Be responsive rather than reactive. If you have a general impression that jokes are a form of attack that involve criticizing or disapproving of you, then it's time to challenge your expectations. By continuing to overreact to jokes, not only do you risk giving up the opportunity for a good laugh but you might be basing your self-esteem on the approval of others. If you see jokes as a lack of approval in you, you remain vulnerable and easily victimized. It's up to you to re-establish your emotional stability and to base your sense of self-worth on believing in yourself, not on waiting for other's approval. By being responsive rather than overreacting, whether or not a joke is aimed at you, you won't take it personally and you will maintain your sense of self-worth. Instead of allowing self-doubt to consume you, responsiveness lets you see the jokes in perspective and use reason rather than emotion in responding to the joke. To be responsive:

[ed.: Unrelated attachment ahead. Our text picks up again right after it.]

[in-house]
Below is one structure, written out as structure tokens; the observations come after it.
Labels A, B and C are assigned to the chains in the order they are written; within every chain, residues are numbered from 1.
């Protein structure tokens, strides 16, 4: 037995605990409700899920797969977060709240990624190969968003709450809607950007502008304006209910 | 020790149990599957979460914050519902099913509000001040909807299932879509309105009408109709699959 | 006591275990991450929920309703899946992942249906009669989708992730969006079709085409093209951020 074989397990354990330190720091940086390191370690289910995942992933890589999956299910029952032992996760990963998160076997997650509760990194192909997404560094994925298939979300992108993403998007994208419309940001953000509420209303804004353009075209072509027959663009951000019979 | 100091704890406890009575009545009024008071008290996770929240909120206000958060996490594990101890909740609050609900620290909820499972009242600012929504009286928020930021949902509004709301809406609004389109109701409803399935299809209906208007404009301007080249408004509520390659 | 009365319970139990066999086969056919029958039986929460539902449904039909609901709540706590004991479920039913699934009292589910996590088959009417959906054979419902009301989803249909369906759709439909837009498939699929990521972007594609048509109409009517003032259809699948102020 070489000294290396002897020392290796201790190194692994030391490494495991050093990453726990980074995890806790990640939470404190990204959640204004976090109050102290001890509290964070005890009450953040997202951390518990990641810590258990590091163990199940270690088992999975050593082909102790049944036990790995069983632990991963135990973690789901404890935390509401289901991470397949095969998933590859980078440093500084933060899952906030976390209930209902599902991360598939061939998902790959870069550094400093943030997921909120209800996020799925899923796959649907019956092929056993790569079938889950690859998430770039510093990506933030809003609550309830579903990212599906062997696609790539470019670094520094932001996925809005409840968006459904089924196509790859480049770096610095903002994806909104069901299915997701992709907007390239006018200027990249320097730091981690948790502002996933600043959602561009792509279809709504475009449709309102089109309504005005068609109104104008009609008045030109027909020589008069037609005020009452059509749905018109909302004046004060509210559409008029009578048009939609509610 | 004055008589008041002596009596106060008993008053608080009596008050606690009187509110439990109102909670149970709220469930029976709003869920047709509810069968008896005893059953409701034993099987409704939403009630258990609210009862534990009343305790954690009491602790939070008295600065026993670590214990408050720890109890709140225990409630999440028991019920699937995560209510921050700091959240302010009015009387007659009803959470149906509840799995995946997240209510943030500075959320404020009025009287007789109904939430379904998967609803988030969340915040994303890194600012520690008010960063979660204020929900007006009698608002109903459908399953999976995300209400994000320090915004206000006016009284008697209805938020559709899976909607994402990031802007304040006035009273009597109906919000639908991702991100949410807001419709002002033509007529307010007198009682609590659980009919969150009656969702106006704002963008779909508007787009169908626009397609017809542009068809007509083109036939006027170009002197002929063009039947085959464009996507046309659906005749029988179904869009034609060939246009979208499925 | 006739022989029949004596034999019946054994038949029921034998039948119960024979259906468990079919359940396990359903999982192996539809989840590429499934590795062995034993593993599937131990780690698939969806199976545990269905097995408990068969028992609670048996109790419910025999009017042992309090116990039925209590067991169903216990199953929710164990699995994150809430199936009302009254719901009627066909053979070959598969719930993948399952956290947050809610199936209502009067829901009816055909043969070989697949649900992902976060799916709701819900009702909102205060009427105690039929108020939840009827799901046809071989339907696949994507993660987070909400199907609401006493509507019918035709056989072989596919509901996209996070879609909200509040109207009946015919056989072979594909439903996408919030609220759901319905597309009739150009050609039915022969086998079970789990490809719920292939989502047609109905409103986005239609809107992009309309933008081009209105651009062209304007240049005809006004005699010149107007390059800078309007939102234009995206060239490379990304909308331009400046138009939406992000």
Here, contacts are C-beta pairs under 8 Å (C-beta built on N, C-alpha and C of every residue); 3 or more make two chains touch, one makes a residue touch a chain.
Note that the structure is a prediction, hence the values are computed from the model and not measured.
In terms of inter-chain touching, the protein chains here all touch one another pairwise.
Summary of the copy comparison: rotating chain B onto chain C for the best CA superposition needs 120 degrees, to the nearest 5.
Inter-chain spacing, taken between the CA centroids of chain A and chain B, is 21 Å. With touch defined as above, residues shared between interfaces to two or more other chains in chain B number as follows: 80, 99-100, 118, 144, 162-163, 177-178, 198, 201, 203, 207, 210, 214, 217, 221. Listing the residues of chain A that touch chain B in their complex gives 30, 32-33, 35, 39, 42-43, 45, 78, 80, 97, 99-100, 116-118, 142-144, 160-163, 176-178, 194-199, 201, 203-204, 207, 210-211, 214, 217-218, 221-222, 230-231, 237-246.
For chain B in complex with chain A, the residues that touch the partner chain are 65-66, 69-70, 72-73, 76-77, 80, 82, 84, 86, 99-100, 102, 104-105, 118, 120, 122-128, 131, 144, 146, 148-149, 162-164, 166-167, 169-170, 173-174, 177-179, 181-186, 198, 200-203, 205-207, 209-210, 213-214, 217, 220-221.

Realize that most jokes are benign. Realize that even where they are not and even where they are targeted at you personally, that they do not diminish your self-worth. Only you can allow that to happen.
Acknowledge your defensiveness. Allowing a joke to get to you increases its power and lets the situation drag on well beyond its initial impact. If you feel that the other person is withholding approval by joking about you and you want to try to prove some point by acting offended or superior, then you're being defensive and letting this person's attitude rule you. Even if the joke was vindictive, avoid turning it into an issue of conflict or drama. Instead, notice your defensiveness so that you can shift to neutralizing your response.
Keep your response measured and composed. Simple statements of fact are best, such as "That wasn't very polite/nice." or "You're entitled to your opinion." Or sometimes, nothing at all is the best response, or simply change the topic of conversation.
· Wed Oct 14, 2015 @ 11:11am · 0 Comments